Mayfly:Ephemeroptera or Ephemerida The short-lived adults, found near water, have long tail appendages and large, transparent wings; the larvae are aquatic.
As the sun begins to gently dip below the horizon, you notice an array of glittering wings frantically beating the air above the river. Cast against the golds, reds and pinks of the setting sun the cycle has come full circle. The return of the mayfly!
Mayflies can be identified both in the nymph (larval) or adult stages.
Larvae - Larvae are elongate and cylindrical in form. The head has well-developed eyes, chewing mouth parts and short antennae. Behind the head you will find the small, developing wings trailing behind a ‘wing pad’ . Along the abdomen there will be a series of gill structures that range in shape from paddles to feathers to ribbons. The abdomen ends in 2 or 3 tail filaments, 3 is most typical.
Adults – delicate insects with two or four triangular shaped wings with many veins. You will notice that the wings remain vertical when the insect is at rest. The eyes are well developed, but the mouth parts are not well formed. Adults do not feed in many cases. The tail filaments are transferred to the adult as well.
Mayflies can be found in almost all freshwater systems with adequate oxygen levels. Some species larvae burrow into the sediment, while others lead a more free living life.
Mayfly larvae feed on algae, fungi and decaying plant materials.
Mayflies utilize what is termed an incomplete metamorphosis in their development from egg to adult and will occupy the benthic (bottom) zone until moments before emerging as a winged, terrestrial adult.
Mayflies spend about 99% of their lives as nymphs. The ‘hatch’ as it is referred to by fly anglers, is often synchronized so that many (sometime very many!!) individuals emerge at once. Others will emerge in smaller numbers over a long period of time.
Once emerged, the subimago (a transformational stage preceding the sexually mature adult) rests on nearby vegetation until becoming a mature adult a few days later.
Mating takes place in flight as female flies through a swarm of males. The female then returns to the water to lay eggs and dies.
Adult mayflies rarely live more than a month, most often much less.
Mayflies are extremely important in the aquatic food web. As nymphs they are fed upon by other invertebrates, amphibians, reptiles, fish, birds and mammals.
The adults are often taken by birds and bats while they are alive. Once the mass of swarming, mating adults dies there is a literal smorgasbord on the surface of many lakes and rivers when they often number in the millions.
One way to demonstrate to students how environmental stressors affect the mayflies in their local stream or river is to use Lesson 3:6 - Macroinvertebrate Mayhem. This interactive game helps students to realize how stressors can change the balance and health of an aquatic ecosystem.
If you or your students are not familiar with the amazing diversity of organisms in your local water bodies, use Lesson 1:4 - Water Habitat Site Study to explore who is living in the water near you. Remember to download the macroinvertebrate identification keys from our website to help you figure out what you’ve found.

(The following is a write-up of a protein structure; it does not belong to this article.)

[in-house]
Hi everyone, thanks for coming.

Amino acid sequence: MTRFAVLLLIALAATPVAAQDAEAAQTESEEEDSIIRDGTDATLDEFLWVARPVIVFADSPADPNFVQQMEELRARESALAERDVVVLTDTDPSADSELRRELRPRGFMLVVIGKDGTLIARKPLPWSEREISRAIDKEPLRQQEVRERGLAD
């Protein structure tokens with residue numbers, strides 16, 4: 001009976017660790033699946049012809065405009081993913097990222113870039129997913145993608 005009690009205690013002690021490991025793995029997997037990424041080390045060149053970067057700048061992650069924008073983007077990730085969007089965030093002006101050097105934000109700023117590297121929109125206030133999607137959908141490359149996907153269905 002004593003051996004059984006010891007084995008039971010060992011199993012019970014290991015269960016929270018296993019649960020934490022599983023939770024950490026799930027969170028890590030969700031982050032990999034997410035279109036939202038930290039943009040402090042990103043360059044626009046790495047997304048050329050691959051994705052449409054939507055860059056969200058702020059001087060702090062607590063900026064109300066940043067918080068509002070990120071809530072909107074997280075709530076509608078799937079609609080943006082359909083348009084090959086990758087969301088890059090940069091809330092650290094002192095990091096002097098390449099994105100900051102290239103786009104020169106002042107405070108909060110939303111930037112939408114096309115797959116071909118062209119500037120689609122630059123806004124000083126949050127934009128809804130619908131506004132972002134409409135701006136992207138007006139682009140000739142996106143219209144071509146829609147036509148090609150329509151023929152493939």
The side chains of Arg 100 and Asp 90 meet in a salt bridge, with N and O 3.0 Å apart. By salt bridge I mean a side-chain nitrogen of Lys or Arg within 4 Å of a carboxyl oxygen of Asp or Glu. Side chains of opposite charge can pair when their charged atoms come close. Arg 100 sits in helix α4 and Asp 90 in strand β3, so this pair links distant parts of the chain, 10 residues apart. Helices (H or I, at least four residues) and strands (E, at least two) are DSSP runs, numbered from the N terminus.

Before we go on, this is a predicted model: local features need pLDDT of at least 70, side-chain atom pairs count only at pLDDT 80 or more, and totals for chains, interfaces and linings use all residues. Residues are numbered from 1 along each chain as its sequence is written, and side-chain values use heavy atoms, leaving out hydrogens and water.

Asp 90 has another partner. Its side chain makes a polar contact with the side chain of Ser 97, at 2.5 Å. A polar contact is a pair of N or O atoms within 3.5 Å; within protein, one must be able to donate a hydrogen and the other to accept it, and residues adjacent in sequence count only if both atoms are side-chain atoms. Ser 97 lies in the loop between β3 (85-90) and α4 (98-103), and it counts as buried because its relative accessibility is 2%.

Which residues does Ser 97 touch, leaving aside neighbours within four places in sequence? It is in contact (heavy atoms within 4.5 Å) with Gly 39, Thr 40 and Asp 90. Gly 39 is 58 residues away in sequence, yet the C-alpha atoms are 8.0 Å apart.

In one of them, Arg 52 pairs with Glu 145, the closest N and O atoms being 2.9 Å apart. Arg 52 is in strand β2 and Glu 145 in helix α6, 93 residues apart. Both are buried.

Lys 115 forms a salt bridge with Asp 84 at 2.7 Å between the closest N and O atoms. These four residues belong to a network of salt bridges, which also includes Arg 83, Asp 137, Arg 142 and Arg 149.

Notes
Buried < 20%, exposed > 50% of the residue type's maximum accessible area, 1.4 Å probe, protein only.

It may not be news to all of you, but it wasn’t that long ago that many of our river and streams in Minnesota no longer had mayfly ‘hatches’.
The mayfly, a corner stone of the aquatic food web, is a very sensitive creature. Sensitive to chemical pollutants, increases in suspended solids (erosion) and decreased dissolved oxygen (DO) levels.
The primary cause of the collapse of mayfly populations during the late 1960’s, 1970’s and early 1980’s was sewage. Little or no treatment of sewage was occurring during this time. We were literally flushing our toilets into the river in many parts of the state.
As the population of Minnesota increased, especially in the Twin Cities and Duluth, the amount of sewage naturally increased. There were reports from this period of ‘cakes of fecal matter’ floating on top of the rivers.
While this sounds bad enough, the problem for the mayflies wasn’t the poop itself, but what happened next. As bacteria began to break down this mass of organic sludge they used up tremendous amounts of dissolved oxygen (DO). In fact, they used up so much DO that mayflies, stoneflies, caddisflies and even fish disappeared from the Mississippi River from the Twin Cities all the way down to Lake Pepin. (To understand how bacteria can affect the DO of any natural system, refer to Lesson 2:8 - Fish in Winter)
Today because of modern sewage treatment facilities and regulations on the disposal of toxic chemicals mayflies have returned to most of our waterways.
New challenges for mayflies come in more subtle forms and revolve around chemicals that often come from our homes and yards. Medications and other pharmaceuticals that leave our bodies go right through the sewage plants untreated and are affecting aquatic life that eat and breathe these compounds. (Internet search: feminization of fish)
There are things that we can do to make sure another mayfly collapse doesn’t occur in the future. You students may not realize ‘storm sewers’ or ‘storm drains’ flow untreated directly to the river, stream or lake nearest to them. What we do on the land affects the water. Picking up pet waste, keeping leaves and grass clippings out of the street, using minimal or no lawn fertilizers, following best practices when spreading manure or applying agricultural chemicals, and many others all affect water quality and mayfly abundance
Maintaining healthy population of mayflies and the fish that feed on them depends on the choices that we all make every day. So next time you’re fishing on the shore at sunset, watching the mayfly clouds gather, think about how you can make sure that this cycle will continue each and every year.